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Friday, September 10, 2021

Lean Quote: Work Place Stress and Anxiety

On Fridays I will post a Lean related Quote. Throughout our lifetimes many people touch our lives and leave us with words of wisdom. These can both be a source of new learning and also a point to pause and reflect upon lessons we have learned. Within Lean active learning is an important aspect on this journey because without learning we can not improve.

"To achieve great things, two things are needed: a plan and not quite enough time.  —  Leonard Bernstein

Workplace anxiety broadly refers to work-related stress that causes anxiety, or the impact of having a diagnosed anxiety disorder at work.

Regardless of the source, addressing anxiety at work can lead to more positive outcomes for both employees and employers.

Similar to general anxiety, symptoms of workplace anxiety can include the following:

  • Excessive worrying
  • Trouble sleeping
  • Fatigue
  • Racing heartbeat
  • Dry mouth
  • Feeling jittery
  • Difficulty focusing 

Employees struggling with workplace anxiety may also exhibit the following behaviors:

  • Decreased performance and productivity
  • Increased number of sick days or time away from work
  • Appearing disengaged or struggling to meet goals

Anxiety at work can be vastly different from one person to the next. However, long work hours, high-stress situations, or feeling a lack of support from managers and coworkers can heighten anxious feelings. Giving presentations, tight deadlines, or being tasked with a big project are other anxiety-producing situations.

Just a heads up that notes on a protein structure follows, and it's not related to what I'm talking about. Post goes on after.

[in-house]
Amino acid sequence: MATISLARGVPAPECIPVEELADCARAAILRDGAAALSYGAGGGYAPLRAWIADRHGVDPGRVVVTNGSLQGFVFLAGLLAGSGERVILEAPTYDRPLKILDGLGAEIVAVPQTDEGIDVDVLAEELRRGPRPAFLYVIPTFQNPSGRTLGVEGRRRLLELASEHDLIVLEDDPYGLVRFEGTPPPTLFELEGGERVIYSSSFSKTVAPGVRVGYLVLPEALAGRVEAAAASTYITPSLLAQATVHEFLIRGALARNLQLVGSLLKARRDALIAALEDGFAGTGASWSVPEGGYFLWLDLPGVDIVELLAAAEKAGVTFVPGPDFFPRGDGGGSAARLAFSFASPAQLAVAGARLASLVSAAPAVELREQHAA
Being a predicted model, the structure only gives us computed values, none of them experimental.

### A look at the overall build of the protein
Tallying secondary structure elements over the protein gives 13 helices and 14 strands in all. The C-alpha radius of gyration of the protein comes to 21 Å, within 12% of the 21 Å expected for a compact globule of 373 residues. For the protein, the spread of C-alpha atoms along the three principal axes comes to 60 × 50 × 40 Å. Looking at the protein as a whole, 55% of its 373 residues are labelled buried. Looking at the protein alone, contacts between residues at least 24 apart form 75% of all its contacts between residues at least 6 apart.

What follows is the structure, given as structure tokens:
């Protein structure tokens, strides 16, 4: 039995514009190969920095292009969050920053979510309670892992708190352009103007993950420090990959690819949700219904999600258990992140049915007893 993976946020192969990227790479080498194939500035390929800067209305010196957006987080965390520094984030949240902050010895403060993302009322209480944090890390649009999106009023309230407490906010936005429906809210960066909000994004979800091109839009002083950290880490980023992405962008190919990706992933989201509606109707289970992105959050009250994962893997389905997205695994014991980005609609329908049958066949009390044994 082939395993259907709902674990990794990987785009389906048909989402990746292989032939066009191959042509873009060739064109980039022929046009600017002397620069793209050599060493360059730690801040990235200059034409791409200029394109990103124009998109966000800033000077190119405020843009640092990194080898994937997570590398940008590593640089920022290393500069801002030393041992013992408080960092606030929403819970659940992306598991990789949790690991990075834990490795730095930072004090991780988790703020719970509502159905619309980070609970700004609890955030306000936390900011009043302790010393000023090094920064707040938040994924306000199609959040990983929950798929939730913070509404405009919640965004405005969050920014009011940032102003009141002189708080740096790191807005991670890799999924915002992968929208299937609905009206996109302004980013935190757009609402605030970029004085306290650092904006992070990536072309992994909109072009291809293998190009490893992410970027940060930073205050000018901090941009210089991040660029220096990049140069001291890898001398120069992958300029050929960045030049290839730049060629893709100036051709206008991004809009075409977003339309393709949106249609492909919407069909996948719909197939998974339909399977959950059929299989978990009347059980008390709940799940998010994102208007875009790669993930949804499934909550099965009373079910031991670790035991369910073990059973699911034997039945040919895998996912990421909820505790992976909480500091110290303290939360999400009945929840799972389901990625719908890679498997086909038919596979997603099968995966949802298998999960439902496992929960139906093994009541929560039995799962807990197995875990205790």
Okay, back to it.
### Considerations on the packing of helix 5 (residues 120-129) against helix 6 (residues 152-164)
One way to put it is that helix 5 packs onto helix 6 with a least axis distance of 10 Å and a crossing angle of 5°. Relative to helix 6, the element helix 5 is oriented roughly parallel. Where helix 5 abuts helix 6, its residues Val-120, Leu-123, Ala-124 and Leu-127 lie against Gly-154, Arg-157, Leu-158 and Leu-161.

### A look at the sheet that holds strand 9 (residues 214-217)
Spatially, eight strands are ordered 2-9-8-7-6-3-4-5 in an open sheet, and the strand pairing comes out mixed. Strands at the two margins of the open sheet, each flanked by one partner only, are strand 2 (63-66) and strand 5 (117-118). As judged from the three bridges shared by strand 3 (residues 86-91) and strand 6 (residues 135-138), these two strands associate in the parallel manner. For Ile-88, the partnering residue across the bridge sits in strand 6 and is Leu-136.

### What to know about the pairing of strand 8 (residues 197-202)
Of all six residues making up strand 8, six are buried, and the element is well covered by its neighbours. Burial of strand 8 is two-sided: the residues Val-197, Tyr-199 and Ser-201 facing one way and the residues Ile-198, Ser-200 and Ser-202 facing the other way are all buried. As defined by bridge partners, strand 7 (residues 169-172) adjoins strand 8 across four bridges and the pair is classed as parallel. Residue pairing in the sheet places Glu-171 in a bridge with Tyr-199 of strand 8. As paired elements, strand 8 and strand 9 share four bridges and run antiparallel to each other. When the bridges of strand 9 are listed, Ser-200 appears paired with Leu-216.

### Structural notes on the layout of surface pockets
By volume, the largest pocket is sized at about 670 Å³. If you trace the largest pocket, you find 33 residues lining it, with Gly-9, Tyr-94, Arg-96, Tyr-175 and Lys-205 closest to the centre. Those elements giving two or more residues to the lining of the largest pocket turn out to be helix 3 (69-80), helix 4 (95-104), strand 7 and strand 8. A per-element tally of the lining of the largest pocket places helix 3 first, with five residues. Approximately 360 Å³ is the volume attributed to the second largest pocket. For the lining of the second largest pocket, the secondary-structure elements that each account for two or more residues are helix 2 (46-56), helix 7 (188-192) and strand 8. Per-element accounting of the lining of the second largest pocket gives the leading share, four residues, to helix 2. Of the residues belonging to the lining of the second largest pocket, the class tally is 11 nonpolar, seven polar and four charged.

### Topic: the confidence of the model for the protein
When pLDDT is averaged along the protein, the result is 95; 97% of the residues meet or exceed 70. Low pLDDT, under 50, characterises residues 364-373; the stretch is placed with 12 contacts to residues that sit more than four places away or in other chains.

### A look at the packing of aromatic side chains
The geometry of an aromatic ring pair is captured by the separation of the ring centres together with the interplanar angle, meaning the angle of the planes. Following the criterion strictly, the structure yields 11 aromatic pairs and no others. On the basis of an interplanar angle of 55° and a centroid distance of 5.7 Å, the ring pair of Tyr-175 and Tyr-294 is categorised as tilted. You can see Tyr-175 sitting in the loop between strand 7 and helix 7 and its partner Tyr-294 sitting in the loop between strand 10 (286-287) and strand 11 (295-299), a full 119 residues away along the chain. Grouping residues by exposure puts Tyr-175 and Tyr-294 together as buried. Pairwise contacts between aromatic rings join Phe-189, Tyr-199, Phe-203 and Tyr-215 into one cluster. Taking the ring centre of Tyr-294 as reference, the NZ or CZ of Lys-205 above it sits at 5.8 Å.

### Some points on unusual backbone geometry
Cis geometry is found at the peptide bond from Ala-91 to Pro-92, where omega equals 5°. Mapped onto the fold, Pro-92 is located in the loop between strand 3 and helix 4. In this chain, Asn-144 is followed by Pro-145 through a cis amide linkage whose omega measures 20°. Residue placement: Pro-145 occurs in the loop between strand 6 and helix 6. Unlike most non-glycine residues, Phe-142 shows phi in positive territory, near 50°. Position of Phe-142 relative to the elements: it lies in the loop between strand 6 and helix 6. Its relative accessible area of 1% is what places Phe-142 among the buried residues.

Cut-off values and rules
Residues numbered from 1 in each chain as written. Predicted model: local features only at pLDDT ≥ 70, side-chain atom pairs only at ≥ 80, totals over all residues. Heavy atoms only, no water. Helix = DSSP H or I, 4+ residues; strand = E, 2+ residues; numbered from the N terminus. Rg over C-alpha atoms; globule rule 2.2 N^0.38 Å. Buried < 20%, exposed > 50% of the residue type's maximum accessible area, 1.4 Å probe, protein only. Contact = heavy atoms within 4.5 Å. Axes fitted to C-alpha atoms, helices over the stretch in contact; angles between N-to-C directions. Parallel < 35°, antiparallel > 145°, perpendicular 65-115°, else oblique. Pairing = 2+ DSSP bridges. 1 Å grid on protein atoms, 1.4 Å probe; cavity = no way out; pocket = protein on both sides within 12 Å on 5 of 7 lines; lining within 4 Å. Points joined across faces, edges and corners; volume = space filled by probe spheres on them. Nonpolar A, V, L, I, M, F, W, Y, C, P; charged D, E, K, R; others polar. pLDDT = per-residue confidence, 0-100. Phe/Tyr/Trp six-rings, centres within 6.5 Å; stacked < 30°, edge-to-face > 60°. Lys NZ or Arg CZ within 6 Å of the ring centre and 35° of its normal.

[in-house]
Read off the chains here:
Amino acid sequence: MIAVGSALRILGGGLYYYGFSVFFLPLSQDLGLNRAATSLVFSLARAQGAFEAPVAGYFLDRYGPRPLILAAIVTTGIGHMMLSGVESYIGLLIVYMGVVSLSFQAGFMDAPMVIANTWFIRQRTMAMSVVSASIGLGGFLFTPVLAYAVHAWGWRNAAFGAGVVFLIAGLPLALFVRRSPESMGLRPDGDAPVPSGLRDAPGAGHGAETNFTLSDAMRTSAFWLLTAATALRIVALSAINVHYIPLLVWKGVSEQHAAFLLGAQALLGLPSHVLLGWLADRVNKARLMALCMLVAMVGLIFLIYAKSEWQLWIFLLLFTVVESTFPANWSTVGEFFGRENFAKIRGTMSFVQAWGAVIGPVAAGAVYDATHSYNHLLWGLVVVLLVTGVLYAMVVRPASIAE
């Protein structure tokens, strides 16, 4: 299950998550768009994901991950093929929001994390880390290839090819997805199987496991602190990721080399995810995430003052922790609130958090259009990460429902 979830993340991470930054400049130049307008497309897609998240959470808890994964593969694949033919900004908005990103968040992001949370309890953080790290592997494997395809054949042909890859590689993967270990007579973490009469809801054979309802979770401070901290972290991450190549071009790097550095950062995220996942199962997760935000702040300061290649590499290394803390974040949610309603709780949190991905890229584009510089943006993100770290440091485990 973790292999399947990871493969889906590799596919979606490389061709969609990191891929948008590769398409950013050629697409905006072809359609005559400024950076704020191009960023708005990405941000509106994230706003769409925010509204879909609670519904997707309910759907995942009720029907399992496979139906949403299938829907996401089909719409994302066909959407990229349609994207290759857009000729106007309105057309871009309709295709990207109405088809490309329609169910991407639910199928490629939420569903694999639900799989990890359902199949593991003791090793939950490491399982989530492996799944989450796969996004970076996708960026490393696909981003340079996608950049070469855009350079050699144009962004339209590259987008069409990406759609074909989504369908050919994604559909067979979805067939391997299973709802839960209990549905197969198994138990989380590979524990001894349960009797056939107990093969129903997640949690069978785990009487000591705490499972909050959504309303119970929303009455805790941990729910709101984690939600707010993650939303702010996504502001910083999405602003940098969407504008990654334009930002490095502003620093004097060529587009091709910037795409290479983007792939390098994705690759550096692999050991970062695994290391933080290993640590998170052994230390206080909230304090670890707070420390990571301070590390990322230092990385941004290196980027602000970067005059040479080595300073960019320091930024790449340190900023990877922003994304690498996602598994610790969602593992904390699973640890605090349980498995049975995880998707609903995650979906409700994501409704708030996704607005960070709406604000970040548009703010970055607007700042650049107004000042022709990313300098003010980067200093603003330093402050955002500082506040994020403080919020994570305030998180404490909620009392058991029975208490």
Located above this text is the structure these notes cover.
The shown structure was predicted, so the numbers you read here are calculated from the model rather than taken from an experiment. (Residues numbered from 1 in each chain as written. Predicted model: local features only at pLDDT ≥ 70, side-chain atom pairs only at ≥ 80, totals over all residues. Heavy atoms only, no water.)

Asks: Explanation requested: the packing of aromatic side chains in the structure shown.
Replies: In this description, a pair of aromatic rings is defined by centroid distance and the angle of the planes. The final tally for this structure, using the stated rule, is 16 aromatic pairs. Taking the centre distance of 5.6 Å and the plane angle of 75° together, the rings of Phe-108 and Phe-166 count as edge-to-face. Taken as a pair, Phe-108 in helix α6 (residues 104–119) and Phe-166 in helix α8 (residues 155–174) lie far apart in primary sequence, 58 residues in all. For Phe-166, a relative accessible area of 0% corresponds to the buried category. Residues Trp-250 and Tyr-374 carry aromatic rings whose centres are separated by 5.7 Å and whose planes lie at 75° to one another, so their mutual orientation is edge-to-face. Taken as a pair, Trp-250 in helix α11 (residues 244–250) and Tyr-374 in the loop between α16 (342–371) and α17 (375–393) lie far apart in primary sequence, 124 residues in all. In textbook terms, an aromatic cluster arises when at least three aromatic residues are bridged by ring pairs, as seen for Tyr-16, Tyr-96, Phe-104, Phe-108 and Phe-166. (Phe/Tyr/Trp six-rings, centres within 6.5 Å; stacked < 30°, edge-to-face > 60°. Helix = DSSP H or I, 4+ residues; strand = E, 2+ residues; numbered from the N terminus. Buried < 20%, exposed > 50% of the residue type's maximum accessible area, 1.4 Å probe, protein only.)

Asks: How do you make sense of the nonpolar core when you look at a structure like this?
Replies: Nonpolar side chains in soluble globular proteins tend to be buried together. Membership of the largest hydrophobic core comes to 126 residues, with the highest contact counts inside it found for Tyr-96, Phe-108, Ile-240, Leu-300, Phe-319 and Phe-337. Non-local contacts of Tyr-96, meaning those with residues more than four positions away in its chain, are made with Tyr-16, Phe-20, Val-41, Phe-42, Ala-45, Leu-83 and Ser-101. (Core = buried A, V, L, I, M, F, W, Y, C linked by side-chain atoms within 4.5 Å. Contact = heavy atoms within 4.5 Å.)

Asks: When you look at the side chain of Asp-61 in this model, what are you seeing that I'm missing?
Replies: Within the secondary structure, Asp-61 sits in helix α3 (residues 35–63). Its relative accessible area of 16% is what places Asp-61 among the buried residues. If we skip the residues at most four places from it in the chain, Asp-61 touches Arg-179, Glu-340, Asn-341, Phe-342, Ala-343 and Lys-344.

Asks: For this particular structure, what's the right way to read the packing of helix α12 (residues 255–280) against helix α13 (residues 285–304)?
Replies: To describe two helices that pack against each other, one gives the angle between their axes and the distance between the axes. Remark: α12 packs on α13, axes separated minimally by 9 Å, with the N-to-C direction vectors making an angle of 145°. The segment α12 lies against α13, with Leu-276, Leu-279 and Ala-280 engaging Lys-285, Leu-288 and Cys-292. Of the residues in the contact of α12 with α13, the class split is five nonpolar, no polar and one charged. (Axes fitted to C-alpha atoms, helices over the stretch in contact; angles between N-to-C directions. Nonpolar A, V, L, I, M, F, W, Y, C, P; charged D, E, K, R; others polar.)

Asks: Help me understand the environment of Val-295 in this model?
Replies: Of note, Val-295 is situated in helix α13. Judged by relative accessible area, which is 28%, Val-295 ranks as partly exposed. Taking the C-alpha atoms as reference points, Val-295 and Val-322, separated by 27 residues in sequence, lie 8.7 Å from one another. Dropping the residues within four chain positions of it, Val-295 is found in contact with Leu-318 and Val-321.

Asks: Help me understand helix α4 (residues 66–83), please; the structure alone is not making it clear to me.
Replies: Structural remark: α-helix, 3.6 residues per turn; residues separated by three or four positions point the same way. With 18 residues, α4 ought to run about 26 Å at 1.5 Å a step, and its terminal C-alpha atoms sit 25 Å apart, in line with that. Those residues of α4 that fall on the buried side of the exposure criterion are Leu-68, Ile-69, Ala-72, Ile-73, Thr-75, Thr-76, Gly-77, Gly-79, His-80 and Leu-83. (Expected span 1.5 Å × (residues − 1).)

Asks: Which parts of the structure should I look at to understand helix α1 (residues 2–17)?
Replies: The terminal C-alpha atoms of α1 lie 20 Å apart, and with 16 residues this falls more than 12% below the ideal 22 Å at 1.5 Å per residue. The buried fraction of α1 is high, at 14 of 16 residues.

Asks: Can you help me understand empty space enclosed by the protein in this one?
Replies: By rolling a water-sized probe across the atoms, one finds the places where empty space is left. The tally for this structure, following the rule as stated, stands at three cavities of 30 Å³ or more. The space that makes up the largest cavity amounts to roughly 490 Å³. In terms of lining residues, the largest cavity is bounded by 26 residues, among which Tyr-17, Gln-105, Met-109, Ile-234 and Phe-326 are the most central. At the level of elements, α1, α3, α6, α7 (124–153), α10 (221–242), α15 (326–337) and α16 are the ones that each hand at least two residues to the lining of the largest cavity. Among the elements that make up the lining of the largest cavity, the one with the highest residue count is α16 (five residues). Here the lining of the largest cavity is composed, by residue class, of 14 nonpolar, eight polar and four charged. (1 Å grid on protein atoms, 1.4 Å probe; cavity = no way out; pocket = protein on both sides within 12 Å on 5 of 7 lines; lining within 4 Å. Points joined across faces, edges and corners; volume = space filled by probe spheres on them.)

If you are feeling anxious or stressed at work, try the following tips:

  • Organize your physical workspace. If you’re dealing with a cluttered desk, unfiled documents, and more open internet browsers than you can count, it’s time to take a break and get organized. Cleaning up your physical work environment can do wonders for clearing an overwhelmed mind.
  • Be honest and ask for help. If you do not have the time or bandwidth to take on that huge new project without sacrificing your mental health, speak up and be honest about what you can handle. Letting your peers or manager know that you need help early on is better than missing a deadline later. Having regular 1:1 meetings with your manager can also ensure that your workload is being discussed regularly, helping to increase transparency and avoid surprises.
  • Recognize small wins. Sometimes we are so focused on moving from one task to the next, we forget to celebrate our accomplishments. Before diving into your next project, take a minute to reflect on the items you’ve completed so far.
  • Plan ahead. Big projects with multiple components and deadlines can be overwhelming. Divide larger tasks into smaller, more manageable steps and tackle them one at a time.
  • Avoid negativity. Listening to others complain can make you feel even worse so steer clear of negative conversations and focus on the control you have to complete your own work.
  • Take breaks. Time for yourself is vital. Get outside, exercise, call a friend, read, or utilize your vacation days if you need more time to reset. 
  • Lend a hand. If you are not personally struggling but notice that your colleague is showing signs of anxiety, check in with them, offer to help and/or bring the issue to their manager’s attention. Caring for each other is a team effort.  

While this list is not exhaustive, hopefully applying a few of these tips to your daily routine will provide some relief.

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